Nikon Z 100-400 centre vs Nikon 80-400G & Sigma 150-600 C

This is the second post in a series of evaluations of the Nikkor Z 100-400. Please refer to the first post for details about the test equipment & methodology.

In this post, I’m going to compare performance in the image centre between these three telephoto lenses at 400mm:

Unlike in the first post, where the focus was solely on the 100-400, I won’t provide exhaustive sample images of all apertures for all lenses – that would just be overwhelming. Instead, I’ll just provide the noteworthy cases.

30ft @ 400

The 150-600 is basically the same from wide open (f/6) through to f/8. It might be a tiny bit sharper at f/6 than narrower apertures.

The perceived sharpness of the 80-400 increases slightly when stopping down from wide open, and starts to soften again at f/7.1 and narrower. Its optimal aperture is f/6.3, vs f/5.6 for the 100-400.

Note that in practice I’ve tended to favour f/7.1 on the 80-400, including on 24 MP DX cameras which have higher pixel densities than the Z7 (and therefore should be more sensitive to diffraction, not less). That’s based on a large amount of real-world experience. There’s several possible explanations for the discrepancy, but my guess is that the increased depth of field, of f/7.1 over f/6.3, helps in practice because it:

  • Increases the depth of field (sometimes important at close distances or with deep subjects).
  • Provides a little more tolerance for focus errors.

The 150-600 is clearly the sharpest, followed by the 80-400. The 100-400 is much softer than even the 80-400. The 80-400 is sharper at any aperture than the 100-400 is at any aperture (and the 150-600 exceeds both, similarly).

This was such a surprise that I went back and took many more photos with the 100-400, in a variety of modes (various autofocus modes, manual focus, VR on & off, silent shutter on & off), but the results were consistent – the 100-400 is much softer at 400 than its eight year old predecessor, let-alone the 150-600.

Note: the difference in sharpness is partially obscured by the JPEG compression used for the images in this post, even though I used the maximum possible JPEG quality. All my written statements throughout these tests are based on comparing the NEFs in Lightroom.

12ft @ 400

The 150-600 behaves the same as at 30ft – basically the same from f/6 (wide open) through f/8. Maybe a tiny bit sharper wide open.

The 80-400 gives its best performance at f/6.3 again. As at 30ft, the difference with f/5.6 (wide open) or f/7.1 is slight. f/8 is very slightly softer again, as diffraction more clearly kicks in.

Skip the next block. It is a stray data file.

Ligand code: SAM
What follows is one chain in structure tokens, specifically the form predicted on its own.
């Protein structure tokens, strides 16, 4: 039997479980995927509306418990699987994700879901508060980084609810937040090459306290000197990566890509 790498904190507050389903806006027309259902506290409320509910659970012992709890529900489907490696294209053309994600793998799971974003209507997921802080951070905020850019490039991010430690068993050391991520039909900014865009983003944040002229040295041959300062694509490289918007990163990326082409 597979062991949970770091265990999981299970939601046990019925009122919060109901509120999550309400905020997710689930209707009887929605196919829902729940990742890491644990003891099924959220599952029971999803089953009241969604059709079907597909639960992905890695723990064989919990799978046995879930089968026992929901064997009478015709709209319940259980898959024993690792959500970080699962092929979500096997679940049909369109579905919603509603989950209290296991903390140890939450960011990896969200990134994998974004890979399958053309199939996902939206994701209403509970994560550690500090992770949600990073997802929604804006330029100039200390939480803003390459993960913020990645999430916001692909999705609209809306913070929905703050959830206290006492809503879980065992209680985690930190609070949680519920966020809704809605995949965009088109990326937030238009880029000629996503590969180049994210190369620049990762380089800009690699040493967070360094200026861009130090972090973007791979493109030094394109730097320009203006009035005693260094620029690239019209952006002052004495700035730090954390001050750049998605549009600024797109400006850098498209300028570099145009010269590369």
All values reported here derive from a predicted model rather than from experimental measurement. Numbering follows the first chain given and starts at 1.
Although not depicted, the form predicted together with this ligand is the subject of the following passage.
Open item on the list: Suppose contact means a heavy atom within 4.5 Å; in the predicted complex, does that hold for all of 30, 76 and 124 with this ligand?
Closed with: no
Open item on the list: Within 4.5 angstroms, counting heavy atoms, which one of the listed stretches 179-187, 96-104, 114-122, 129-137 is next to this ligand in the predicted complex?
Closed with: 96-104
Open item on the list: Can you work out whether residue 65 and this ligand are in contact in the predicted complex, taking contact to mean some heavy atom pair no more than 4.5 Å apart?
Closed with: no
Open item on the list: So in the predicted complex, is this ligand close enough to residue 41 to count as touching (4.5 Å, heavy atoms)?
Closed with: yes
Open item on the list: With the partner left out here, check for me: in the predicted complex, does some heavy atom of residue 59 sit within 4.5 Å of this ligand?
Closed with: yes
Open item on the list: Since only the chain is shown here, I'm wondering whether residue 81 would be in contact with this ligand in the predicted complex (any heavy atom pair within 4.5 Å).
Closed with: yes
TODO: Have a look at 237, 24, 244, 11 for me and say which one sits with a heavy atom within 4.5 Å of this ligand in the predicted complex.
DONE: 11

Unfortunately the comparison between the three is complicated by the fact that the 80-400 back-focused slightly while the 100-400 looks like it again front-focused a tad. After accounting for that it’s clear that the 80-400 is sharper than the 100-400. But the 150-600 is much sharper than either of them.

6ft @ 400

The 150-600 is out for this particular subject distance because it can’t focus this close.

The 80-400 is slightly sharper at f/7.1 than other apertures. Similar to the 100-400 (which still saw tiny improvement up to f/8, over f/7.1).

At this point the comparison is getting tricky, because:

  • The 80-400 back-focused again.
  • The 100-400 is maintaining its nominal focal length much better than the 80-400. This change in focal length over different focus distances is typical behaviour for lenses – the stated focal length is usually only achieved at infinity; as you focus closer, their effective focal length drops.

It’s pretty close, between the two. There seems to be similar resolution on the image sensor, so the difference in subject detail is solely because of the difference in effective focal length. If you allow for that, then there’s a notable advantage to the 100-400.

MFD @ 400

Note here that the 100-400 can get down to about 3ft, while the 80-400 is not much shorter than the 6ft looked at above, and the 150-600 is way out at 10ft or so.

So unsurprisingly the 80-400 behaves the same as at 6ft – sharpest at f/7.1. Just like the 100-400. And the 150-600 is very similar from wide open (f/6) to f/8, with maybe a very slight improvement from stopping down just a tad, to f/6.3.

Note that I’ve also included the 150-600 at 600, in case you’re interested in comparing the maximum possible magnification across the three lenses.

Note: I don’t know why there’s such significant discrepancies in exposure, particularly with the 80-400. This was reproducible. The same exposure settings were used for all lenses. Possibly the differing fields of view impacted the camera’s metering?

Here there’s no contest – the 100-400 is sharpest on the sensor (albeit by only a small margin over the 80-400), but also offers much higher magnification – almost twice what either of the other lenses are capable of. This matches the spec sheets – a maximum reproduction ratio of 0.38x for the 100-400 vs 0.2 for the 80-400 & 150-600.

The 150-600 is the worst by far, for sharpness on the sensor as well as magnification – not only do you have to zoom in to “600” to get similar magnification as the 80-400 does at “400”, but both are basically at something more like 200 if not less.

In fact to my eyes it appears that there’s nothing but empty magnification in going from 400 to 600 on the 150-600.

Sidenote: Real-world benefits of closer focusing distances